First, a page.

Rhetoric, Writing and Culture
The Rhetoric, Writing and Culture Ph.D. degree program is open to all qualified graduates of universities and colleges of recognized standing. The Ph.D. in Rhetoric, Writing and Culture provides students with employable skills in the area of professional and technical communication. This innovative and regionally unique program invites students to work at the intersection of rhetorical, textual, and cultural studies. The number of positions available in technical communication significantly surpasses the number of new Ph.D.s produced each year by a sizable margin. Graduates from NDSU's program may pursue careers as:
- professors in universities or colleges;
- training and development specialists, user-experience experts, and human-computer interaction specialists in industry;
- technical, scientific, or professional writers and editors in research and development organizations, high-tech companies, non-profit organizations, or government agencies.
Hands-on experience is essential to our program. The Rhetoric, Writing and Culture Ph.D. requires six credits of experiential learning. Students can work with professors or mentors in disciplinary writing. Others opt to intern for non-profits or local industries.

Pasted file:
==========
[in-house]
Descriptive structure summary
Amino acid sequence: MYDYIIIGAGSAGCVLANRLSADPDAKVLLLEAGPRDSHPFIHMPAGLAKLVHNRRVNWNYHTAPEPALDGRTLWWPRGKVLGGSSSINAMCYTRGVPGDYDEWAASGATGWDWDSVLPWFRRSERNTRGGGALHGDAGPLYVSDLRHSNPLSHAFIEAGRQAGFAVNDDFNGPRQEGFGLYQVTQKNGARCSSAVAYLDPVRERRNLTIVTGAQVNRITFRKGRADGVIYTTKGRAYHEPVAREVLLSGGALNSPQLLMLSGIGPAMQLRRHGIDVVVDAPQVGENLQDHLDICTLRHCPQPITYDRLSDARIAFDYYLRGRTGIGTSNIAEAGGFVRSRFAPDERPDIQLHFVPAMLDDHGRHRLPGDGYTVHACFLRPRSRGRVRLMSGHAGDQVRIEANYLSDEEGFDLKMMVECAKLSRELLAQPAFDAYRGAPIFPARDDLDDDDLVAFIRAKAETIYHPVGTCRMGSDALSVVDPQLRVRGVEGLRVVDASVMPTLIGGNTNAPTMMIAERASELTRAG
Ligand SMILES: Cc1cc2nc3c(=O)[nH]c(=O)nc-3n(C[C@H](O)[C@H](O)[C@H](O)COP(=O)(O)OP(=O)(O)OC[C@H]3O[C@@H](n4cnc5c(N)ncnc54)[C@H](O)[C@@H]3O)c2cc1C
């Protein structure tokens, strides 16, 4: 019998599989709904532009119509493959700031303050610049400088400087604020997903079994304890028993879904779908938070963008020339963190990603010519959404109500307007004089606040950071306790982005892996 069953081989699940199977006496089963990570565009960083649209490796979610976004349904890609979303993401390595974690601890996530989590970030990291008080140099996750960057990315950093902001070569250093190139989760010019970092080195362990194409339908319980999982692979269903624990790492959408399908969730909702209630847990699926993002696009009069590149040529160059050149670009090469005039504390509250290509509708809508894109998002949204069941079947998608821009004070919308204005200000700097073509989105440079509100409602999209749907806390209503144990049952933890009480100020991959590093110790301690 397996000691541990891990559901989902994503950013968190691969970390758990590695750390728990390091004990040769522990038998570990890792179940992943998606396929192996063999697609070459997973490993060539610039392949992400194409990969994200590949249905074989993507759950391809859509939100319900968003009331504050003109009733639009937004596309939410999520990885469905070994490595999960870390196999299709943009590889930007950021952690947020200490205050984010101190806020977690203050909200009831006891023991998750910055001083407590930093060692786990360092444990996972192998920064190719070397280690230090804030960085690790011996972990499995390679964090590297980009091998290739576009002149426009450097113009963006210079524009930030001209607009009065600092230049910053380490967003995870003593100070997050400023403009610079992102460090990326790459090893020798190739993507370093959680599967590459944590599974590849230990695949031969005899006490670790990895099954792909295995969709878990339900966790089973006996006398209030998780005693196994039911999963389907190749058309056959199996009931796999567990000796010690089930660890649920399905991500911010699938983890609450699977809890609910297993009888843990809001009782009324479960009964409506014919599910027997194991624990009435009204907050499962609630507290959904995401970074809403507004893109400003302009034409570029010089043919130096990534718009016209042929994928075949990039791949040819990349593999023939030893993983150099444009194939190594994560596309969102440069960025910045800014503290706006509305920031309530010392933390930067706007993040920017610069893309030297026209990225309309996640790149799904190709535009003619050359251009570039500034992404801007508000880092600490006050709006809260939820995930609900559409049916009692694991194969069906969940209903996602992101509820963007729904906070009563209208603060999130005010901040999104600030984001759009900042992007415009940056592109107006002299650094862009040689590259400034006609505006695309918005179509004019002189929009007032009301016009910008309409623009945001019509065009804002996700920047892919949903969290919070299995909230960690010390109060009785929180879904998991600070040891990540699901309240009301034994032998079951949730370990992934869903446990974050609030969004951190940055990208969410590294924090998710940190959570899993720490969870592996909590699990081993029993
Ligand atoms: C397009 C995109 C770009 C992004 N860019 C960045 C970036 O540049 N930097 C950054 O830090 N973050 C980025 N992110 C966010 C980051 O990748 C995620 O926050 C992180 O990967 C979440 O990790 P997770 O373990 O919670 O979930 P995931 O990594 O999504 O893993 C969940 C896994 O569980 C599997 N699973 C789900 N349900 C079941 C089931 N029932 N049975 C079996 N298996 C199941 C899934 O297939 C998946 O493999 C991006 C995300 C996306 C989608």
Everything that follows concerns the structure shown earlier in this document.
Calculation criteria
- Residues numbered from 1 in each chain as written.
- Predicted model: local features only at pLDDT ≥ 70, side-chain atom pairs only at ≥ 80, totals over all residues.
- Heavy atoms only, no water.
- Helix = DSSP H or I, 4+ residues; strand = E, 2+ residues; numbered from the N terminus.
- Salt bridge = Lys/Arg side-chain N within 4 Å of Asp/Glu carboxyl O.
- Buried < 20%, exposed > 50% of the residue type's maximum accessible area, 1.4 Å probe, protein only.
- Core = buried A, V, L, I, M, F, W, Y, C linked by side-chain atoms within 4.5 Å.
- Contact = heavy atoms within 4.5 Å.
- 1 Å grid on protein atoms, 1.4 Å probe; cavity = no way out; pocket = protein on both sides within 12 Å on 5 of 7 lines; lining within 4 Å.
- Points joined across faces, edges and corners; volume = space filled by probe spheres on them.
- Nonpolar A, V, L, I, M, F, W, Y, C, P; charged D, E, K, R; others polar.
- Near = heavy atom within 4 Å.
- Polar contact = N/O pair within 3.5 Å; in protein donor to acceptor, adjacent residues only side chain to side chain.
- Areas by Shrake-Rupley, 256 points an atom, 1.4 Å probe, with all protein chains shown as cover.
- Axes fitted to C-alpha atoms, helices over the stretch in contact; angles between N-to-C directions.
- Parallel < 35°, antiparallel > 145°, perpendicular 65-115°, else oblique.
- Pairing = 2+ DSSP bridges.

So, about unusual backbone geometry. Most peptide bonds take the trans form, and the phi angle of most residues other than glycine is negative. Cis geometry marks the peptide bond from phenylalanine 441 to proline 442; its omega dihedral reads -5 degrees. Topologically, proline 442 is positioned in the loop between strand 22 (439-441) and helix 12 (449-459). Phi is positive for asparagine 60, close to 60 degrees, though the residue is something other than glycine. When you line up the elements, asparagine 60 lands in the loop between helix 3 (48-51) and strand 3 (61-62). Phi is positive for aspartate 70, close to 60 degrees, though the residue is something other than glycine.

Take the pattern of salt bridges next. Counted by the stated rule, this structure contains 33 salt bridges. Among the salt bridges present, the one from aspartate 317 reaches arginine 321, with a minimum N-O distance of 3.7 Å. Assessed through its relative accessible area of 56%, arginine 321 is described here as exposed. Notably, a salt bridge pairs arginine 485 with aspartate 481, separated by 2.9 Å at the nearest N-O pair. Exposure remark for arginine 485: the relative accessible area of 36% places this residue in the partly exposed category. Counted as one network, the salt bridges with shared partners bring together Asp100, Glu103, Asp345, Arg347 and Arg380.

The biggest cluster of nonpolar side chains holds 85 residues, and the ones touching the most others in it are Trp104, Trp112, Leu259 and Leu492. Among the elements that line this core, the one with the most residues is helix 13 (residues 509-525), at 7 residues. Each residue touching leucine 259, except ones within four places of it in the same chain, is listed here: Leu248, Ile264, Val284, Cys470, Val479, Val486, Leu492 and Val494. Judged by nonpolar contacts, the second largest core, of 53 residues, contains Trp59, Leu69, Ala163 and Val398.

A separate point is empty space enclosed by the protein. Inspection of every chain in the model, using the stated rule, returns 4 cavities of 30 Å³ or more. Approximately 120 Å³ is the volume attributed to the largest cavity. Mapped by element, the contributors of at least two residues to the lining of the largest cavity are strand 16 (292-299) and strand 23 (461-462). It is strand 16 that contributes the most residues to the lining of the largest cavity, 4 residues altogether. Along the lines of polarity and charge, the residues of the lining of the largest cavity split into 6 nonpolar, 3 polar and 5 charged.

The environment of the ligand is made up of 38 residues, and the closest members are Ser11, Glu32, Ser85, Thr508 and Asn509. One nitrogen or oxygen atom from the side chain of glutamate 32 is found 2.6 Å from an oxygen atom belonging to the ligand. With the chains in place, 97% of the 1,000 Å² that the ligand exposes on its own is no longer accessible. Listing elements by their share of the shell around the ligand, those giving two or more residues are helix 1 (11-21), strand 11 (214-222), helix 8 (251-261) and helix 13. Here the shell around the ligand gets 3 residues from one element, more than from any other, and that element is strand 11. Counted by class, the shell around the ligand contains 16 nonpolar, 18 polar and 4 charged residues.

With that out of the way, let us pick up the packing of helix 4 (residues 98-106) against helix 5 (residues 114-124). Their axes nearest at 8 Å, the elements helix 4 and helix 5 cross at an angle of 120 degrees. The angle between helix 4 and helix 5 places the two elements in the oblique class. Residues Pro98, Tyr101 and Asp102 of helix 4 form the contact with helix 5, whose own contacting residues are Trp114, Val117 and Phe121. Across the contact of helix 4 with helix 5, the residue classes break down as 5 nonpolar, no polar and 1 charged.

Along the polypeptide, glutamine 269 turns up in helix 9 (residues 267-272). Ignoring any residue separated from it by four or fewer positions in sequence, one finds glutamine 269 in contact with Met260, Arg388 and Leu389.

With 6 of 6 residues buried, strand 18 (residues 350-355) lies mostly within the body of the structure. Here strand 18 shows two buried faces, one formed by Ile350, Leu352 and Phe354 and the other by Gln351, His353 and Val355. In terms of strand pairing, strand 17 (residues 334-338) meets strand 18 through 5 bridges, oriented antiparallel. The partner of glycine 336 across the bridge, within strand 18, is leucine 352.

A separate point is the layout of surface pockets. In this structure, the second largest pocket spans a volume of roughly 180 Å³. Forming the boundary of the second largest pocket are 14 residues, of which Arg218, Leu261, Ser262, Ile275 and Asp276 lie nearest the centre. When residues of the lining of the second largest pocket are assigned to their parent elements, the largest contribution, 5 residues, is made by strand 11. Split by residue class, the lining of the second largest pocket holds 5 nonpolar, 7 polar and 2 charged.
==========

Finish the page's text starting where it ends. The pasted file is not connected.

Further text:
NDSU offers opportunities for students in the Ph.D. program to teach discipline-specific writing, such as writing in the sciences, writing for engineers, and writing in business and finance. Ph.D. students are eligible for Presidential Doctoral Graduate Fellowships.
To be admitted with full status to the program, the applicant must fulfill all of the requirements set out below.
- In most cases, applicants are expected to have completed a Master of Arts or Science, but exceptional candidates may be admitted directly out of the Bachelor's degree
- Have completed a BA, BS, MA, or MS from an accredited educational institution.
- Have a minimum cumulative grade point average (GPA) of 3.5.
Conditional admission may be granted to students who do not meet all requirements for admission or have deficiencies in prerequisite course work, but demonstrate potential for graduate study. Such students may be required to take additional courses to address deficiencies in prerequisite course work.
In addition to the Graduate School required materials, applications must include:
- an academic writing sample, not to exceed 20 pages, that reflects the student's academic or professional interests and that demonstrates the student's critical and analytical abilities